THE DREAM GUITARS BLOG

MICHAEL KELLER — THE DG INTERVIEW

James Olson, Larry Robinson, Kevin Ryan, and Michael Keller

Clearly, luthiery requires a diverse set of finely honed skills, but it also requires a deep aesthetic understanding. Do you consider yourself more of an artist or a craftsman?

I definitely consider myself a craftsman with a very strong artistic sense. I had always been fond of arts of all kinds — decorative, interpretive, pre-modern, impressionist, surrealistic. I am fond of many types of art. But I’m also very fond of many types of crafts, pottery, jewelry and knife making, and furniture. This is the world of my imagination.

MICHAEL KELLER

MICHAEL KELLER

When you’re starting to build a guitar and you’re trying to picture it in your visual mind, many artistic considerations come into play that go beyond crafting a fine sounding guitar. Different colors of wood, different colored shells, colored purflings, bindings and shapes, all become a pallet that is available to you to compose a beautiful looking instrument.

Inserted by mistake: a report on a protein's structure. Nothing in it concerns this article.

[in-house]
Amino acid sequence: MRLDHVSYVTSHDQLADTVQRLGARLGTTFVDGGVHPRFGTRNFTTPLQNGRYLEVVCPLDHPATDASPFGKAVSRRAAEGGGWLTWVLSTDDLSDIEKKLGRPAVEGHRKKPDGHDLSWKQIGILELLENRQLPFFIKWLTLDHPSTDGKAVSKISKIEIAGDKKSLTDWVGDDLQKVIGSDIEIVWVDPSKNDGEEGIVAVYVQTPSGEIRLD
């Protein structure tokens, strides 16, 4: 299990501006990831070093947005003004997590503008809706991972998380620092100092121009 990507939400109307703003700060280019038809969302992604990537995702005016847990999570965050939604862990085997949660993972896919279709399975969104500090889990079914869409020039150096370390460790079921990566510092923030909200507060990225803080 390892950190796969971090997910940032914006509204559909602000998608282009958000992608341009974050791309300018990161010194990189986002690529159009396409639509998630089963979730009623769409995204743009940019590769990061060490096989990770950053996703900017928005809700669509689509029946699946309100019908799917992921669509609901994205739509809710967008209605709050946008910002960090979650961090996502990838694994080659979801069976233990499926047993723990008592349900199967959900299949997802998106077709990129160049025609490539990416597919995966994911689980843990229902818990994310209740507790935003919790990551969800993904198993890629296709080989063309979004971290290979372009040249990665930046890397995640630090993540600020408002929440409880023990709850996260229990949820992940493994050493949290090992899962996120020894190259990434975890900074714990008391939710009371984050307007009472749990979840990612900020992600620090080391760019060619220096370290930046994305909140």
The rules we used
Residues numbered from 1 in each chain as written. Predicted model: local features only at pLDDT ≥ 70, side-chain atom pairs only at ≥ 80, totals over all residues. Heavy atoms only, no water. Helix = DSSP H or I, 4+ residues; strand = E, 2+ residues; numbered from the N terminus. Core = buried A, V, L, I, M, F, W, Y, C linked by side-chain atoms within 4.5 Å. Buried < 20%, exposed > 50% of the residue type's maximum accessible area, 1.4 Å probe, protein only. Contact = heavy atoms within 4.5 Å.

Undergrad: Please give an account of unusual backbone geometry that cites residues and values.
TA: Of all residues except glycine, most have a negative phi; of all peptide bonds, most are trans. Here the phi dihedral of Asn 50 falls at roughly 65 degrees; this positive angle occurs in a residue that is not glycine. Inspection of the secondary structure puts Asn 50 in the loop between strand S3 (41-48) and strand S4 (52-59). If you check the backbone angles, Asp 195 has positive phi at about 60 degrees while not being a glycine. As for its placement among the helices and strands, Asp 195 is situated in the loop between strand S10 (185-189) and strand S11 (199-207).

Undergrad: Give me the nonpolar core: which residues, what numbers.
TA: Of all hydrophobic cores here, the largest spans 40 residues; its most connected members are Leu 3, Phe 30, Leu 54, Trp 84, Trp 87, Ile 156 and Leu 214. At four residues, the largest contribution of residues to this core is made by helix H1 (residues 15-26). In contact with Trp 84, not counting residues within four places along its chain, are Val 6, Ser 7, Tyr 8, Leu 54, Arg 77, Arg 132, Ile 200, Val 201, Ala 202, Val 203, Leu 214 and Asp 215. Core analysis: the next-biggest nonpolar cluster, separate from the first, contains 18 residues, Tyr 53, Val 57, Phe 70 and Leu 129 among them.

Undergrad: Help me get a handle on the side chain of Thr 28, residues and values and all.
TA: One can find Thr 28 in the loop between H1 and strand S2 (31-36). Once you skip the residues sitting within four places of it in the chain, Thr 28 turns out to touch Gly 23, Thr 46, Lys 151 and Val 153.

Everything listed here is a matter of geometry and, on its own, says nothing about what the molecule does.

One must also realize ultimately you’re making a tool for a musician. No matter how beautiful or arty a guitar looks, if it doesn’t play well and sound great I don’t care how arty it is. I would much rather have a guitarist tell me, “I love the sound of the guitar”, rather than “the sound is OK but the inlays are great”. It’s really totally about the sound and playability.

Recently, flying back from a guitar festival I noticed one of the editors of a guitar magazine on the plane who had been at the show. We started talking, and he mentioned that he had played a lot of very expensive heavily inlaid guitars that didn’t play or sound very good. He said exactly what I was thinking from my own experiments at the festival. A lot of the guitars at the show were designed to be eye catching, but a lot of effort had not been put into making them play well. So the artistic side of guitar making is a field that one should embrace carefully, making sure the instrument sounds and plays well first. After that, as far as I’m concerned, anything goes.

Your recent work features 2, 3, even 4 side ports! Can you tell us about your recent fascination with ports, and how you integrate them into your designs?